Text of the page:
Rastadamus's picture

Christie 2016


disabledvet's picture

Sandy is going to knock down housing big time. God forbid if another comes roaring up the East Coast. 'tis that time of year however. the losses from this storm are already staggering in the form of lost work time. this will cause a recession in New York City, New Jersey and Connecticut. This Mayor is a total failure obviously. Did he learn nothing from last year's storm? Obviously. Everything is one is appearing together. This is a total boondoggle. By the time the price gouging is done (just in time for the holidays!) no less than Wall Street itself will get a front row seat to how capitalism works "in your time of need." The insurance claims will be staggering as well. Those aren't poor people on the Jersey Shore. The Federal Government has insured that...meaning the taxpayer is on the hook. But still the debris must be cleared. Winter is coming so "let the check cutting commence." The President is making promises he obviously cannot keep. Nice photo ops though. Still making fun of all those "fire departments we never needed"? Yes, folks...there is a material downside to a paranoid police state...and now you see it. I still believe they all will rise above their egos and realize that working together is the only way forward. I find it interesting that STILL not one of them has called for that however. Is this everyone's first disaster? Would appear so. "The Government money will just appear"? Really? Praise be to the people who made it to work today is what i say. "Was a marathon just getting there" said one guy.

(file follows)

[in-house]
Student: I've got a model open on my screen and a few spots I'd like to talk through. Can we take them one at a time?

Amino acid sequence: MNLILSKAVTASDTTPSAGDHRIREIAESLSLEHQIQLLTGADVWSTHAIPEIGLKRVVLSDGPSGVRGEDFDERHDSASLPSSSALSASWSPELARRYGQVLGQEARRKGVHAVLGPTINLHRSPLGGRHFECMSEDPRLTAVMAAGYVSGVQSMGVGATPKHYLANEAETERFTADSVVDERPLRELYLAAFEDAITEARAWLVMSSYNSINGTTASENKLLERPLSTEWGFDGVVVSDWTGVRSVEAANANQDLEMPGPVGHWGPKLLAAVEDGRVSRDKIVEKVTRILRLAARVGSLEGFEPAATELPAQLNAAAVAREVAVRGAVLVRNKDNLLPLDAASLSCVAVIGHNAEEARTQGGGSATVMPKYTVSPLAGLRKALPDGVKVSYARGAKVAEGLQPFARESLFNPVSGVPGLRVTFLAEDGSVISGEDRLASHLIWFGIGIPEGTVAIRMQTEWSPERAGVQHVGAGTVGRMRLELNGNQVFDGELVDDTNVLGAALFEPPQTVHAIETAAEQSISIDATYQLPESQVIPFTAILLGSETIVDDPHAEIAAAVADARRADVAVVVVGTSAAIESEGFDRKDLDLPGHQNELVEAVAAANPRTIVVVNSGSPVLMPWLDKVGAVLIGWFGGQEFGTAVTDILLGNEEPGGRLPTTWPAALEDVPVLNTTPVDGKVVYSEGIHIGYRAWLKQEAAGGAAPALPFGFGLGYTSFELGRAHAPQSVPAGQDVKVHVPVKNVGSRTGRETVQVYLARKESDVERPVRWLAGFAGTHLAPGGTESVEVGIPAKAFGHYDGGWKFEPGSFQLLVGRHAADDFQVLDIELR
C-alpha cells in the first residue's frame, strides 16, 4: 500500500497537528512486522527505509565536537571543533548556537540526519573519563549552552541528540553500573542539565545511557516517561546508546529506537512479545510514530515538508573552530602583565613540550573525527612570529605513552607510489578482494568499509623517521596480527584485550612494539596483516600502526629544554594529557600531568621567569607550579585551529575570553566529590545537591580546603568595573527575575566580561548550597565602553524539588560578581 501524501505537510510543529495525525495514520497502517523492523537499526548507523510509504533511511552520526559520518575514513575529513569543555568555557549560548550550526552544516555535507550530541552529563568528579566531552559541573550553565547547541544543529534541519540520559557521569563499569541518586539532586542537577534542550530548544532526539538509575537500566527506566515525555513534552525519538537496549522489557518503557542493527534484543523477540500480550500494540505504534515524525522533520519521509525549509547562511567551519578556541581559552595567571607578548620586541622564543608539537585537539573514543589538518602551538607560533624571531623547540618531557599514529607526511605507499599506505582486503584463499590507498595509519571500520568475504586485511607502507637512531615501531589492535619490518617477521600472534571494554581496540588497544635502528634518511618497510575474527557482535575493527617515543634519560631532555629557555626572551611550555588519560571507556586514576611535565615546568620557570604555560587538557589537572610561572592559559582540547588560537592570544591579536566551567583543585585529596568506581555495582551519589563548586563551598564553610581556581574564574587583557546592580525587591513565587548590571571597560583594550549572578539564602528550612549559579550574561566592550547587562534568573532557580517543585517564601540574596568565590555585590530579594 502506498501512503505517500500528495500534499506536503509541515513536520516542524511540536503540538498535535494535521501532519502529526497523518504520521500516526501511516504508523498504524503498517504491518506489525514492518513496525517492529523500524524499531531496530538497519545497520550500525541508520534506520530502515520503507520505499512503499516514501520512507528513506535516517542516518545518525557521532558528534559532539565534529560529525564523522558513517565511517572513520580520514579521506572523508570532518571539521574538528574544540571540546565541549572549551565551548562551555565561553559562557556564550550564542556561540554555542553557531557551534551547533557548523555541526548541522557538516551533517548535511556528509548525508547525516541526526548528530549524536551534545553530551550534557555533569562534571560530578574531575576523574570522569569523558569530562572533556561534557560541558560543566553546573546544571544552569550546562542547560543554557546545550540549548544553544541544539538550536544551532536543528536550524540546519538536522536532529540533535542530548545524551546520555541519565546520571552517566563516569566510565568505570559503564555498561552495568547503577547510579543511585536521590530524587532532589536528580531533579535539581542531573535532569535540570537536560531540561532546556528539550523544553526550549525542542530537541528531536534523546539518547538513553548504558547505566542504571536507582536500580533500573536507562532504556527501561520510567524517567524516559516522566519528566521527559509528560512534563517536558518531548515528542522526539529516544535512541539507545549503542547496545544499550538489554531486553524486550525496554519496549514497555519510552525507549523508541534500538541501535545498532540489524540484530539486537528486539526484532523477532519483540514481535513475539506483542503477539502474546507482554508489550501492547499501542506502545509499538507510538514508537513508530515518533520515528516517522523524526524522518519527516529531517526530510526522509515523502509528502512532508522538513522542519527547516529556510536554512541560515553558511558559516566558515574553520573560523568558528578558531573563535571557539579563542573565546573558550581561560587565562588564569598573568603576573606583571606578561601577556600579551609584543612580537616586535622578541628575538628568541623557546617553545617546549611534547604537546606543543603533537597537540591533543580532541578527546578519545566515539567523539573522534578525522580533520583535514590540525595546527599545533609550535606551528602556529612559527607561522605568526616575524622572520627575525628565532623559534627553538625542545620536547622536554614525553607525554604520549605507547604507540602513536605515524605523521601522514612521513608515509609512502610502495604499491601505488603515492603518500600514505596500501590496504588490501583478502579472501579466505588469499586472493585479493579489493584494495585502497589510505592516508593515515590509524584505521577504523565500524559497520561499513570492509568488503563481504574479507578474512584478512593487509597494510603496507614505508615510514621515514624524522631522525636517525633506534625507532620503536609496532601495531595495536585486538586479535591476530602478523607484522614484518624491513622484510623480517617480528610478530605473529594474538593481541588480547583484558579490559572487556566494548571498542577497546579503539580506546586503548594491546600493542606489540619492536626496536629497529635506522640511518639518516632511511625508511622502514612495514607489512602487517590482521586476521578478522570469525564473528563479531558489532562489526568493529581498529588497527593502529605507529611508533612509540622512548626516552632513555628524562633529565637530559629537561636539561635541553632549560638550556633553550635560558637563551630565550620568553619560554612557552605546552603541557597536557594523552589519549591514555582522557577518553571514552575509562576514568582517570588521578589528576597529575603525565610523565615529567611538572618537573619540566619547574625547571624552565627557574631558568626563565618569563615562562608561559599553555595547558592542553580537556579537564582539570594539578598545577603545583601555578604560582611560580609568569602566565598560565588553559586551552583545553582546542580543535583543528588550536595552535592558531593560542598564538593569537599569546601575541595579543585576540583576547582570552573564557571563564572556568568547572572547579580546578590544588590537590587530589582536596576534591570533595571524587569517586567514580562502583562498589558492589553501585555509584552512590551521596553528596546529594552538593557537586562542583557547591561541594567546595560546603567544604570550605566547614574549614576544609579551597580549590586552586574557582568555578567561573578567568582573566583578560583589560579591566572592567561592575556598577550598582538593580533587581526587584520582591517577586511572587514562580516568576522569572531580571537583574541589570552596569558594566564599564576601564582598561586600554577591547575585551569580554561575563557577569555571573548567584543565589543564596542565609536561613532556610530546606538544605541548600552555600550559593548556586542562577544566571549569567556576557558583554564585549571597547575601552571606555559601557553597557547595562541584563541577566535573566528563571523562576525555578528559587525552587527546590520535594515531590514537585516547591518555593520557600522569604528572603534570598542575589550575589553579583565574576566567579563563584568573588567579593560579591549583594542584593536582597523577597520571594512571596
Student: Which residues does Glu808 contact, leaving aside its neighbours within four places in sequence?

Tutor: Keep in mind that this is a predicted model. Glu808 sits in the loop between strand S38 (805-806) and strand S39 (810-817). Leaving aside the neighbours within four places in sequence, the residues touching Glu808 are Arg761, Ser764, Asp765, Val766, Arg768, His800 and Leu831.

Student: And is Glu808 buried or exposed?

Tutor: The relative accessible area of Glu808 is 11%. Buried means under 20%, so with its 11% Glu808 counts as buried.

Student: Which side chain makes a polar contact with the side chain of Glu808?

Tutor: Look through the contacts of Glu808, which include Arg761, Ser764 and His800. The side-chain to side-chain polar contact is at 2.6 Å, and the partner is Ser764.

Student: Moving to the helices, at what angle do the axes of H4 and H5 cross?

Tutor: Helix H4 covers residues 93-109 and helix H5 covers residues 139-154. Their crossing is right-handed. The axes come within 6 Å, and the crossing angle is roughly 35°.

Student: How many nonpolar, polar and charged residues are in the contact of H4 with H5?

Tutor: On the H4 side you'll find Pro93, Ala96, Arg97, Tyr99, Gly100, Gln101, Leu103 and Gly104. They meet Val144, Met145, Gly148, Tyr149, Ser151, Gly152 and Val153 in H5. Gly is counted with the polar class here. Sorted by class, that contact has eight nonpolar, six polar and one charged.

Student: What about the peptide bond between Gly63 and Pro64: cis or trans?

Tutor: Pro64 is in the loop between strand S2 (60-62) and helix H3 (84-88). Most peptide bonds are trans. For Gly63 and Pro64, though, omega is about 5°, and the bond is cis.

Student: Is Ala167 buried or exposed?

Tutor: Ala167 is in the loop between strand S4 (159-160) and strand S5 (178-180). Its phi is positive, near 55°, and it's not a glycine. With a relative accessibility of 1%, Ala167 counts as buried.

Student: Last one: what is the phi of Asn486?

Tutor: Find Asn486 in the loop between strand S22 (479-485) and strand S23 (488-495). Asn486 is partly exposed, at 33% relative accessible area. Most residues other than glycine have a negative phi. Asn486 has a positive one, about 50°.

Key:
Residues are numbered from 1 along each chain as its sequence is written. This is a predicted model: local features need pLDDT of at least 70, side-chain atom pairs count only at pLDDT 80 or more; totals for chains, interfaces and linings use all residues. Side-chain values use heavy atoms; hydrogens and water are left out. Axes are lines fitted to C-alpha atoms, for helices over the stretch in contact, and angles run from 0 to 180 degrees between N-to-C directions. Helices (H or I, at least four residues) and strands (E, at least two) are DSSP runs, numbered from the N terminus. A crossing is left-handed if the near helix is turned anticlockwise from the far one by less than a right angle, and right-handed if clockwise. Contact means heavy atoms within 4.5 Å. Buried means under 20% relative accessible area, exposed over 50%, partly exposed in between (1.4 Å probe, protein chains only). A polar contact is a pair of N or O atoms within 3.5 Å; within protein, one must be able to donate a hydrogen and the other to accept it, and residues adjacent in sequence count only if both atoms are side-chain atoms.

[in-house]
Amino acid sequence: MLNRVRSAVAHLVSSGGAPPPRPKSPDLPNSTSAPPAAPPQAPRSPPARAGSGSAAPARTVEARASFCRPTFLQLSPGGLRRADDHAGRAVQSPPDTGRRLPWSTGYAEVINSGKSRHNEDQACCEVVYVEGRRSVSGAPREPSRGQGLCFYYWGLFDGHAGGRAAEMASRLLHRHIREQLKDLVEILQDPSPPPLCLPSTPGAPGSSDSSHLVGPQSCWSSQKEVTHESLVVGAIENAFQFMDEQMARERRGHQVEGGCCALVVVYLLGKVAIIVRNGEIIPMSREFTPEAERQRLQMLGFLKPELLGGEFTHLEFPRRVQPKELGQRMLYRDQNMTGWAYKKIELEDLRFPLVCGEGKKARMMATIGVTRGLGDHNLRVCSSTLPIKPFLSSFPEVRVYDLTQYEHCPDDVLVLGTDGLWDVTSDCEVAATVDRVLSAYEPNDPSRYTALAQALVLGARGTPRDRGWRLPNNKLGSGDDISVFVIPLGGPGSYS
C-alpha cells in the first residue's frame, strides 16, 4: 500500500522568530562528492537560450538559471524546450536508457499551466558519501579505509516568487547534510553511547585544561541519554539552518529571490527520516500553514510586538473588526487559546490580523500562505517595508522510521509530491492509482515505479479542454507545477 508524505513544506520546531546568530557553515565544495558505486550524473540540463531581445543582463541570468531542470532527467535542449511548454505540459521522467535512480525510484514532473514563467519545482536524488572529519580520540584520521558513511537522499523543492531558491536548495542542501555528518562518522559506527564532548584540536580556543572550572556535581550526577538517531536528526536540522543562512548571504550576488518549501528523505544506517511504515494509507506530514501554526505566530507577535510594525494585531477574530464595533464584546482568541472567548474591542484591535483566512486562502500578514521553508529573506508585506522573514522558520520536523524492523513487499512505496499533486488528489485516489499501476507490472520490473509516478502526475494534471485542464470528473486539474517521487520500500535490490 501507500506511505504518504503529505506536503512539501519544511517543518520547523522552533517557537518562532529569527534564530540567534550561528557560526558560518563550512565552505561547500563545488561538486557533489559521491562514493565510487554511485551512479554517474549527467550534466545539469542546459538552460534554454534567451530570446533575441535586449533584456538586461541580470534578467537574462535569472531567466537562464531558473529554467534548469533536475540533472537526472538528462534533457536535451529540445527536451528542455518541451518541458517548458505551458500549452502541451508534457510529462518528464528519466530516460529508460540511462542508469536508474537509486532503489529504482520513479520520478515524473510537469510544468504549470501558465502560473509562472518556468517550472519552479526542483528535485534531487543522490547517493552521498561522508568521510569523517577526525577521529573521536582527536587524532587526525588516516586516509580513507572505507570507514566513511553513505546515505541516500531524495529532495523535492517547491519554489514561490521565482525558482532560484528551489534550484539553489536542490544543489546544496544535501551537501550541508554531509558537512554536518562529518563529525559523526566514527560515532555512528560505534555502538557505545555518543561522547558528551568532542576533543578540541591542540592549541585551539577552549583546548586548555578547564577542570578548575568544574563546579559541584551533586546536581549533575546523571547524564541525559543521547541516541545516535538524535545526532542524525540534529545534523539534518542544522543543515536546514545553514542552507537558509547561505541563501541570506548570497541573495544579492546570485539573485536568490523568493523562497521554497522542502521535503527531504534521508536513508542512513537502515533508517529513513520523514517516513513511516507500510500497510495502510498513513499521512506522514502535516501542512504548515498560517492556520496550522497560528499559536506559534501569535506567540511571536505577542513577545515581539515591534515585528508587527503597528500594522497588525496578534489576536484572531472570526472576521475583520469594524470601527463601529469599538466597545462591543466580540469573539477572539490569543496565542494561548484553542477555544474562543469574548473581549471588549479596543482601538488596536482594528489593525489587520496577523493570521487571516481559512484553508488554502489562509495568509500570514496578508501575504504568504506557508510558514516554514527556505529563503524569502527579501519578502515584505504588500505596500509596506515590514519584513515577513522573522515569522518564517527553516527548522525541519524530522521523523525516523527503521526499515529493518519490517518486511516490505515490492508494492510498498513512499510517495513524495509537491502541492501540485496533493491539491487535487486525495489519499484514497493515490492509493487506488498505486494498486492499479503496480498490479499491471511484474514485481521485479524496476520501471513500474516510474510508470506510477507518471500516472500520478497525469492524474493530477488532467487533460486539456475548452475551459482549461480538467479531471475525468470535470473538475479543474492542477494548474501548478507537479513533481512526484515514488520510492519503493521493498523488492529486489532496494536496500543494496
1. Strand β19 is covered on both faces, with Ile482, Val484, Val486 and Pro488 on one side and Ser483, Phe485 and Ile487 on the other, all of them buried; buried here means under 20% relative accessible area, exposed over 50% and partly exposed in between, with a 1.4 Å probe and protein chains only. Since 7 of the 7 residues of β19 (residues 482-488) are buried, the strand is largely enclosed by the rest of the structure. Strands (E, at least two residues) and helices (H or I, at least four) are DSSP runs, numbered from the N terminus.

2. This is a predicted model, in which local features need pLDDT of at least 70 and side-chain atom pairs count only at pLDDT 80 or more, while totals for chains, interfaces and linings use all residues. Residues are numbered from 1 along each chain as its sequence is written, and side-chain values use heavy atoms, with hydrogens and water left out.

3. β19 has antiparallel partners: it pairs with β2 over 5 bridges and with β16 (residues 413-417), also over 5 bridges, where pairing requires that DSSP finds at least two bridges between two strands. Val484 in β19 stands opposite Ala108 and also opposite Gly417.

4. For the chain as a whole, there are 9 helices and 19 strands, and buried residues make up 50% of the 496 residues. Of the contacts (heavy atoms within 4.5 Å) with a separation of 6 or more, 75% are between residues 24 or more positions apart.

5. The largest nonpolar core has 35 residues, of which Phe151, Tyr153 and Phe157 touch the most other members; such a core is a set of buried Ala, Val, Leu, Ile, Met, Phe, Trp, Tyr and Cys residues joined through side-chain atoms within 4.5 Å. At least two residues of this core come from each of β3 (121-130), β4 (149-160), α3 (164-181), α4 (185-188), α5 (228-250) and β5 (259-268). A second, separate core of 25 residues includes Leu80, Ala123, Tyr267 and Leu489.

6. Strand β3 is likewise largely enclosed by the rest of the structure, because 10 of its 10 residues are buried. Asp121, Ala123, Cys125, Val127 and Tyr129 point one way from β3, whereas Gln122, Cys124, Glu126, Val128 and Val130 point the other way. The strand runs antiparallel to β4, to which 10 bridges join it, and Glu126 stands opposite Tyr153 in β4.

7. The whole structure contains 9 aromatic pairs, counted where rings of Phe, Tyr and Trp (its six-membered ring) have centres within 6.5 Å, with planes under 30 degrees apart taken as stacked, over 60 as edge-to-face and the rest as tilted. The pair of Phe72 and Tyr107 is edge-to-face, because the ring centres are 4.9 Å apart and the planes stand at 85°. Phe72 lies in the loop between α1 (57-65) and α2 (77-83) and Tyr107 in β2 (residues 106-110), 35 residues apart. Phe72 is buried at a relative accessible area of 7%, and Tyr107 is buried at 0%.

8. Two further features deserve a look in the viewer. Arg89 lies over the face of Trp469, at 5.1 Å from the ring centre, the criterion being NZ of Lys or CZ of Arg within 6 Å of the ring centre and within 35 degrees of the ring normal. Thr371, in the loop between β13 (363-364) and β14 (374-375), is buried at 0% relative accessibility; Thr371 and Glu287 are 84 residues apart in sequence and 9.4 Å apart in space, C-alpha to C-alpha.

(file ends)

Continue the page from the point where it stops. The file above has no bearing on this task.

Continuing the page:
mendolover's picture

I'm not buyin' it.  How the hell is a kid supposed to afford a house (never mind coming up with 20%) when she's totally buried by an unforgivable student loan?  And what's the average price of a wedding nowadays?  Not to forget how many dummies will be guilted into buying an overpriced and ridiculously expensive to maintain hybrid shitbox.  I have a nephew who just left college to teach English in Thailand.  We're hoping he can get my niece (60K student loan) a gig there, and just maybe they can make a go of it there for a while until maybe just maybe this place gets it's shit together.  We can only hope.